Facebook's Open Compute and the future of IT

Open Compute 'open source hardware' initiative is all about specs for stripped-down, power-efficient equipment underlying next phase of computing

The phrase "open source hardware" sounds silly. Open source software tends to come in a free version, but hardware, not so much. Yet the folks at the Open Compute Project, led by Facebook, insist on the phrase.

What they really mean is that the hardware designs, including full specs and CAD files, are open source. So why would the Open Compute Project create intellectual property of significant value and give it away?

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For one thing, because Facebook wants hardware manufacturers to build servers, storage systems, racks, and other equipment using those plans. In running "tens of thousands" of servers (the company won't give a more specific number) in its data centers, Facebook has discovered that standard commercial equipment isn't as cost- or power-efficient as it could be.

At first, I somewhat cynically assumed Open Compute was really about Facebook exercising its huge power as a customer. You want our business? Then beyond volume discounts, we want to cut deeper into your already slim margins and have you compete to create even cheaper, stripped-down white boxes.

But there's more to it. When I visited Facebook's Menlo Park offices recently, Frank Frankovsky, director of hardware design and supply chain for Facebook, convinced me that huge data centers running "at scale" truly have different design requirements for hardware. Not surprisingly, power management is the dominant concern.

By eliminating what Frankovsky calls the "vanity features" of servers and improving their power supplies and power management, Facebook is making dramatic reductions in the cost, footprint, and power consumption of its data centers.

Frankovsky claimed he would be willing to pay more for a design that suited his needs, in part because he'd get that investment back in power savings. On one side, Open Compute wants to get big customers to agree on requirements for at-scale equipment; on the other, vendors of motherboards, enclosures, power supplies, and so on often have arbitrary differences in design that can be resolved easily. When you run a single application across many, many servers, it makes sense to have a homogenous infrastructure.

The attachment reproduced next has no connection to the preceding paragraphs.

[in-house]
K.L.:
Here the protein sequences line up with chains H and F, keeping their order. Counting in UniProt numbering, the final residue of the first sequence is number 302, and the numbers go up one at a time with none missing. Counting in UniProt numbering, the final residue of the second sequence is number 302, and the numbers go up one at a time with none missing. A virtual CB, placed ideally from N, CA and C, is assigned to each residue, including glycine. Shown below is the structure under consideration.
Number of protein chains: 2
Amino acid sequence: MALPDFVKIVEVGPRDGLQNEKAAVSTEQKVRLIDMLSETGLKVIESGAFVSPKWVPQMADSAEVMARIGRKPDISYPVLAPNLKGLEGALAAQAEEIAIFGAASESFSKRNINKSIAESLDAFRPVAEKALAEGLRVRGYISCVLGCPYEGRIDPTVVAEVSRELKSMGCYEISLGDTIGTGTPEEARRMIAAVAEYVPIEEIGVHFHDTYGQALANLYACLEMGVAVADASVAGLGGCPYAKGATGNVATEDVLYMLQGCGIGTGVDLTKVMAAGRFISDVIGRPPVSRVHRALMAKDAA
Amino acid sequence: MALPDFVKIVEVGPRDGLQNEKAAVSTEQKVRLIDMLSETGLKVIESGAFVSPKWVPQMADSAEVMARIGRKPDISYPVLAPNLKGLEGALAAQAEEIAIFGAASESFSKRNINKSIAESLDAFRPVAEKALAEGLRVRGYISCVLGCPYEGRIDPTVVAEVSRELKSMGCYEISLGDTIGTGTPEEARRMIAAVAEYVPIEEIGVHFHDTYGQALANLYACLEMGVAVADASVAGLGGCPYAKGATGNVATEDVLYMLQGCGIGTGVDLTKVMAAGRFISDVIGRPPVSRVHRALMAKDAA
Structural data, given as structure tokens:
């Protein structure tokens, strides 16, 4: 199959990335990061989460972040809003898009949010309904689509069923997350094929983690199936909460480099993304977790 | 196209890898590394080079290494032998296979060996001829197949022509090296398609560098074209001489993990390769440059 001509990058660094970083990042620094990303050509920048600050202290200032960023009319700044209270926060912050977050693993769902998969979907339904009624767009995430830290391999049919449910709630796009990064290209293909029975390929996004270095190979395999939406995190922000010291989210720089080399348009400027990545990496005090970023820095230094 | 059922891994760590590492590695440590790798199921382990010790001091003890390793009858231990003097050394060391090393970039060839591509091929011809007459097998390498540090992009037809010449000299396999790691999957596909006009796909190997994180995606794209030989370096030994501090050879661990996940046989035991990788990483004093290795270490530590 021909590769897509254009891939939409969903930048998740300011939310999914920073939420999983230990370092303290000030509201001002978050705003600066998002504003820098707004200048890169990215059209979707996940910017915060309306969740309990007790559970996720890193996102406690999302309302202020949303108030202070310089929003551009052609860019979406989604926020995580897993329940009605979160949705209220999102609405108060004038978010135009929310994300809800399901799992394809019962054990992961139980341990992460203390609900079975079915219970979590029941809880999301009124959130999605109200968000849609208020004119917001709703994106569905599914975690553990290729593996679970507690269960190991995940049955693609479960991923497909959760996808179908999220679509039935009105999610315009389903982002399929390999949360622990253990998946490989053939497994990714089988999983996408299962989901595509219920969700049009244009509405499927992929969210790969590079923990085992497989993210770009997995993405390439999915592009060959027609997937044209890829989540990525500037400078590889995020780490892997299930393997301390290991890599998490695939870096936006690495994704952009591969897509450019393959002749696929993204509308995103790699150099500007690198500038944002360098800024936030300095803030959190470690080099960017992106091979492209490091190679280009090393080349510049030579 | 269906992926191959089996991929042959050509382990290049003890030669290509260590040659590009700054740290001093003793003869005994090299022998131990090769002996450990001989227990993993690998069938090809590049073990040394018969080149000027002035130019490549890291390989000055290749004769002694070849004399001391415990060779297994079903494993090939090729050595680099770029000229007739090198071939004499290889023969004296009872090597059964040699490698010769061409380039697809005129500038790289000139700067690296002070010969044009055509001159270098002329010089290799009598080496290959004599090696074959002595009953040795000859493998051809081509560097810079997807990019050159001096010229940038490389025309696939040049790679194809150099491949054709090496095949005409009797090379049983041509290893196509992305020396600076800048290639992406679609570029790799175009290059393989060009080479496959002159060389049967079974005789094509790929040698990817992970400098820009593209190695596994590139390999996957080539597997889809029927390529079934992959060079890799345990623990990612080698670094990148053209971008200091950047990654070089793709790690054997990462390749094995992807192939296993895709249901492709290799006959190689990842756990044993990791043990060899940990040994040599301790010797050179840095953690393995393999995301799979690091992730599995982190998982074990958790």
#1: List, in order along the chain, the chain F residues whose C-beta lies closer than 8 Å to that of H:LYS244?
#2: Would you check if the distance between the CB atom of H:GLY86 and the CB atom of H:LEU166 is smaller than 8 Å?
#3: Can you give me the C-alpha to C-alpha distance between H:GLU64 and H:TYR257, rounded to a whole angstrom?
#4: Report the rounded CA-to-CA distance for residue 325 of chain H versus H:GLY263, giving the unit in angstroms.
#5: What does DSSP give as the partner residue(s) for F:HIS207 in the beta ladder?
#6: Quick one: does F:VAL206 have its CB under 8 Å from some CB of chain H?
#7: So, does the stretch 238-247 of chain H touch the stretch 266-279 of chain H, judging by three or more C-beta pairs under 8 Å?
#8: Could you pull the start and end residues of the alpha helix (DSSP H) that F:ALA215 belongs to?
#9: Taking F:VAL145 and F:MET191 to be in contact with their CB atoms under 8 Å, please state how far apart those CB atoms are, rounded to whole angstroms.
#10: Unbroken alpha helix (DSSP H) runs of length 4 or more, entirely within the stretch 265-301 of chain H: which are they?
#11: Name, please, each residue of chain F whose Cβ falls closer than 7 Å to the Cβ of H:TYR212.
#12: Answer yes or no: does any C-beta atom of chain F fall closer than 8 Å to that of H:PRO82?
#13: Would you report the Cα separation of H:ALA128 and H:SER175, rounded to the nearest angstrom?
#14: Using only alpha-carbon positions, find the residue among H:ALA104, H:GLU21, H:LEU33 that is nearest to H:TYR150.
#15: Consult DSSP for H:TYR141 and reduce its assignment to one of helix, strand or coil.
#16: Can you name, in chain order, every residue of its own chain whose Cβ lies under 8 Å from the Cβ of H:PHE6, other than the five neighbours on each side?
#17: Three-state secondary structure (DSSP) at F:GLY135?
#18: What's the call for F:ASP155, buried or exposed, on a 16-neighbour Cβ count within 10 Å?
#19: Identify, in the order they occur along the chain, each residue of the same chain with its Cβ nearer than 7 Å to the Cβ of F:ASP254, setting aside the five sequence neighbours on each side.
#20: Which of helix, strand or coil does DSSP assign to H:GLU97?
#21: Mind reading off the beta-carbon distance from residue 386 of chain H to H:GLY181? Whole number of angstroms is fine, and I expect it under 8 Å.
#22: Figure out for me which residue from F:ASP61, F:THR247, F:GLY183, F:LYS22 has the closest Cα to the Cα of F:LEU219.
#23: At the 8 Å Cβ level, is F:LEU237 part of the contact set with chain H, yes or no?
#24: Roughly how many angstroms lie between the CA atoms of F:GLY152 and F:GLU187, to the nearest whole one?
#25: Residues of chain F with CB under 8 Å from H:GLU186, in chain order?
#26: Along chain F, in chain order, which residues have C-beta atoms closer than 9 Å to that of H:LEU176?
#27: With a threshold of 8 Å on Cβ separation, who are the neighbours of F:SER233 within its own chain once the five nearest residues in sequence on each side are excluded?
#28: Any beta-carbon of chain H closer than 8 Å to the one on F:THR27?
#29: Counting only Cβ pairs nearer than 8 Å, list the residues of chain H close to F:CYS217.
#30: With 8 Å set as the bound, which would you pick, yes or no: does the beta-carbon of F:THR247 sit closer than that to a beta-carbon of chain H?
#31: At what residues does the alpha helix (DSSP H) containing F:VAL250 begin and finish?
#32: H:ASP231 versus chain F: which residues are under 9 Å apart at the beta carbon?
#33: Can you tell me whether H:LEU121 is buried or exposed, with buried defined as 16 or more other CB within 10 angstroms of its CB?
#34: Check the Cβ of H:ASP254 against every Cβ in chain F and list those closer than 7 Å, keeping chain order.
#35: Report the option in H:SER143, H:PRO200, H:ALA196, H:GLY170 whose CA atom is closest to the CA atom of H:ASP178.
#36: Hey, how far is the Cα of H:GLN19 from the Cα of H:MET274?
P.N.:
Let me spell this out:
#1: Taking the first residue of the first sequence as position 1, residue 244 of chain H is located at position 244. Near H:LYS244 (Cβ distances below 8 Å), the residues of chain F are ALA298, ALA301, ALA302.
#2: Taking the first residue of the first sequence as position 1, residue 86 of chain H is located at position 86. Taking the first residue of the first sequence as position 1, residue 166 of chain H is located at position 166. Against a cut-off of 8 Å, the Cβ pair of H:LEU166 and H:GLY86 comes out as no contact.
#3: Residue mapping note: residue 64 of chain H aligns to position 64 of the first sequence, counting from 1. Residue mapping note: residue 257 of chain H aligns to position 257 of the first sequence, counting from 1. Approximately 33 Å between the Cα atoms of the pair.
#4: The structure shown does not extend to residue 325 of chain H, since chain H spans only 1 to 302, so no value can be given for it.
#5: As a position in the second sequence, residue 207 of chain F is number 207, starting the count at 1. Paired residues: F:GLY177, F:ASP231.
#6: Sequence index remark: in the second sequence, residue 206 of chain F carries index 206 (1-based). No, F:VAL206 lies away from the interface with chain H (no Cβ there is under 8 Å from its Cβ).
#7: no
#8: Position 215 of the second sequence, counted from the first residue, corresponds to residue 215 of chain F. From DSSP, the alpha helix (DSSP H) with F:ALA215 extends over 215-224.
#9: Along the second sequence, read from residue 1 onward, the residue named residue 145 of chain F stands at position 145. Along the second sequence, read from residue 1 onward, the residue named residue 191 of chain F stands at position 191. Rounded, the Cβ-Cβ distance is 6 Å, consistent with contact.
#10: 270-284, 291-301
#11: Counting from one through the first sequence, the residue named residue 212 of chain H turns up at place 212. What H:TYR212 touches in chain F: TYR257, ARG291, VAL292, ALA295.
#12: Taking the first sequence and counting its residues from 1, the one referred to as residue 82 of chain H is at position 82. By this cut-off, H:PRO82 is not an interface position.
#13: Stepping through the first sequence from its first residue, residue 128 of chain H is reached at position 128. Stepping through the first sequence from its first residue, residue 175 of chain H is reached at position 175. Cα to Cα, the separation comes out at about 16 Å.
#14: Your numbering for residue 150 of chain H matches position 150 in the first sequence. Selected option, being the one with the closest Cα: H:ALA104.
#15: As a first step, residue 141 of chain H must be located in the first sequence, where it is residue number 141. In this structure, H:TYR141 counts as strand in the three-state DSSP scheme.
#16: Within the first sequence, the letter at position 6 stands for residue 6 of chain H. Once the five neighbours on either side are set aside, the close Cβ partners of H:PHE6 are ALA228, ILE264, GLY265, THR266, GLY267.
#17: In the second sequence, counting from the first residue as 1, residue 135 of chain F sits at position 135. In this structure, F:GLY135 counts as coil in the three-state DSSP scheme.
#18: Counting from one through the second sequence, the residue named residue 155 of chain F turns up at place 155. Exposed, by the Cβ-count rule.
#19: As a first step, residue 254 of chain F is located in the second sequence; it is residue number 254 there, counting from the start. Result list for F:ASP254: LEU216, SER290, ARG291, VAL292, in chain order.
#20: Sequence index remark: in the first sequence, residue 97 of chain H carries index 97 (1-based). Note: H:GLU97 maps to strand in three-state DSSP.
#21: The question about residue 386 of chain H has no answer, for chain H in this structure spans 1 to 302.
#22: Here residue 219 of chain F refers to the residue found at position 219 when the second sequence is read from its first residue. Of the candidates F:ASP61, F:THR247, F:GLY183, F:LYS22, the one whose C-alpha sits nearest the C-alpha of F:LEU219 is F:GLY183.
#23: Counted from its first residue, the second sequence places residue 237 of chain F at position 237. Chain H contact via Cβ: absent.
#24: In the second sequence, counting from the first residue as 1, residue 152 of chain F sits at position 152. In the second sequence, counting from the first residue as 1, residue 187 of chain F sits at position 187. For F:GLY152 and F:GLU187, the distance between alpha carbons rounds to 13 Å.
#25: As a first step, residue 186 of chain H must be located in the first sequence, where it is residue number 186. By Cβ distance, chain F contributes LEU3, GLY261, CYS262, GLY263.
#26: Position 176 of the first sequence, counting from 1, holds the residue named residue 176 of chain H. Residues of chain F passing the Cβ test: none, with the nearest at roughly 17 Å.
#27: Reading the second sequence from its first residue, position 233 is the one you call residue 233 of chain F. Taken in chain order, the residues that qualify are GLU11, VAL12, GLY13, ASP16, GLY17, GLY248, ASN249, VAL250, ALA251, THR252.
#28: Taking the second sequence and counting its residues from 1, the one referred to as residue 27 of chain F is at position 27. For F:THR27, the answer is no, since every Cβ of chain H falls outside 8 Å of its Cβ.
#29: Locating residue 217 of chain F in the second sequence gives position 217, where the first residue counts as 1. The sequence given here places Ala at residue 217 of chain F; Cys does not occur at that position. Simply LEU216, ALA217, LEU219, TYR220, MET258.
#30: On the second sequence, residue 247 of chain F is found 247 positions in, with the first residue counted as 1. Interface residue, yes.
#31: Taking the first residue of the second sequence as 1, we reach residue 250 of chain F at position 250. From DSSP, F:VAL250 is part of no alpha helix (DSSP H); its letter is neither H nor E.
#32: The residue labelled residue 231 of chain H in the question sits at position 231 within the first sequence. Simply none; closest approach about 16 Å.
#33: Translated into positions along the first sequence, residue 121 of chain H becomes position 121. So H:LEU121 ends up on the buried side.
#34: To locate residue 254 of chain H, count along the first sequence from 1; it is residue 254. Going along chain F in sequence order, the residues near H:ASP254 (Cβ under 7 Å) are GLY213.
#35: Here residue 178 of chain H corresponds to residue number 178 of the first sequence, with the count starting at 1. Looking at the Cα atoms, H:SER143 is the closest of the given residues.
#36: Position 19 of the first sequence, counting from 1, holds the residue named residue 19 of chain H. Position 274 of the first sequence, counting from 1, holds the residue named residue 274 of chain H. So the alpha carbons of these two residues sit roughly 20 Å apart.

I can't help but think of it as building a mainframe out of Legos.

One chart in Frankovsky's presentation popped out: a stacked bar chart that showed the current proportion of data center infrastructure split about 50/50 between enterprise IT and "at scale" providers like Facebook. In some indeterminate year in the future, the chart shows enterprise IT slipping slightly and at-scale deployments doubling.

By Frankovsky's own admission, this was a made-up chart. But I get the general idea and I agree with it. The shift to deployments at scale is all about the shift to the public cloud, not just for social networks like Facebook, but for enterprise and consumer applications as well. It's a theme that, coming from a completely different place, was echoed by Oracle's Mark Hurd in my interview with him last week right after the announcement of the Oracle Public Cloud.

Recently I was chatting with InfoWorld's Paul Venezia about the march to the public cloud. He believes some gargantuan failure or other disastrous event will stop the trend in its tracks. Perhaps so. But at this point, although the pace of change with enterprise computing is slow, and there are plenty of exceptions and obstacles along the way, I can't see anything else to stop the migration skyward.

This article, "Does the 'private cloud' make sense?," originally appeared at InfoWorld.com. Read more of Eric Knorr's Modernizing IT blog, and for the latest business technology news, follow InfoWorld on Twitter.

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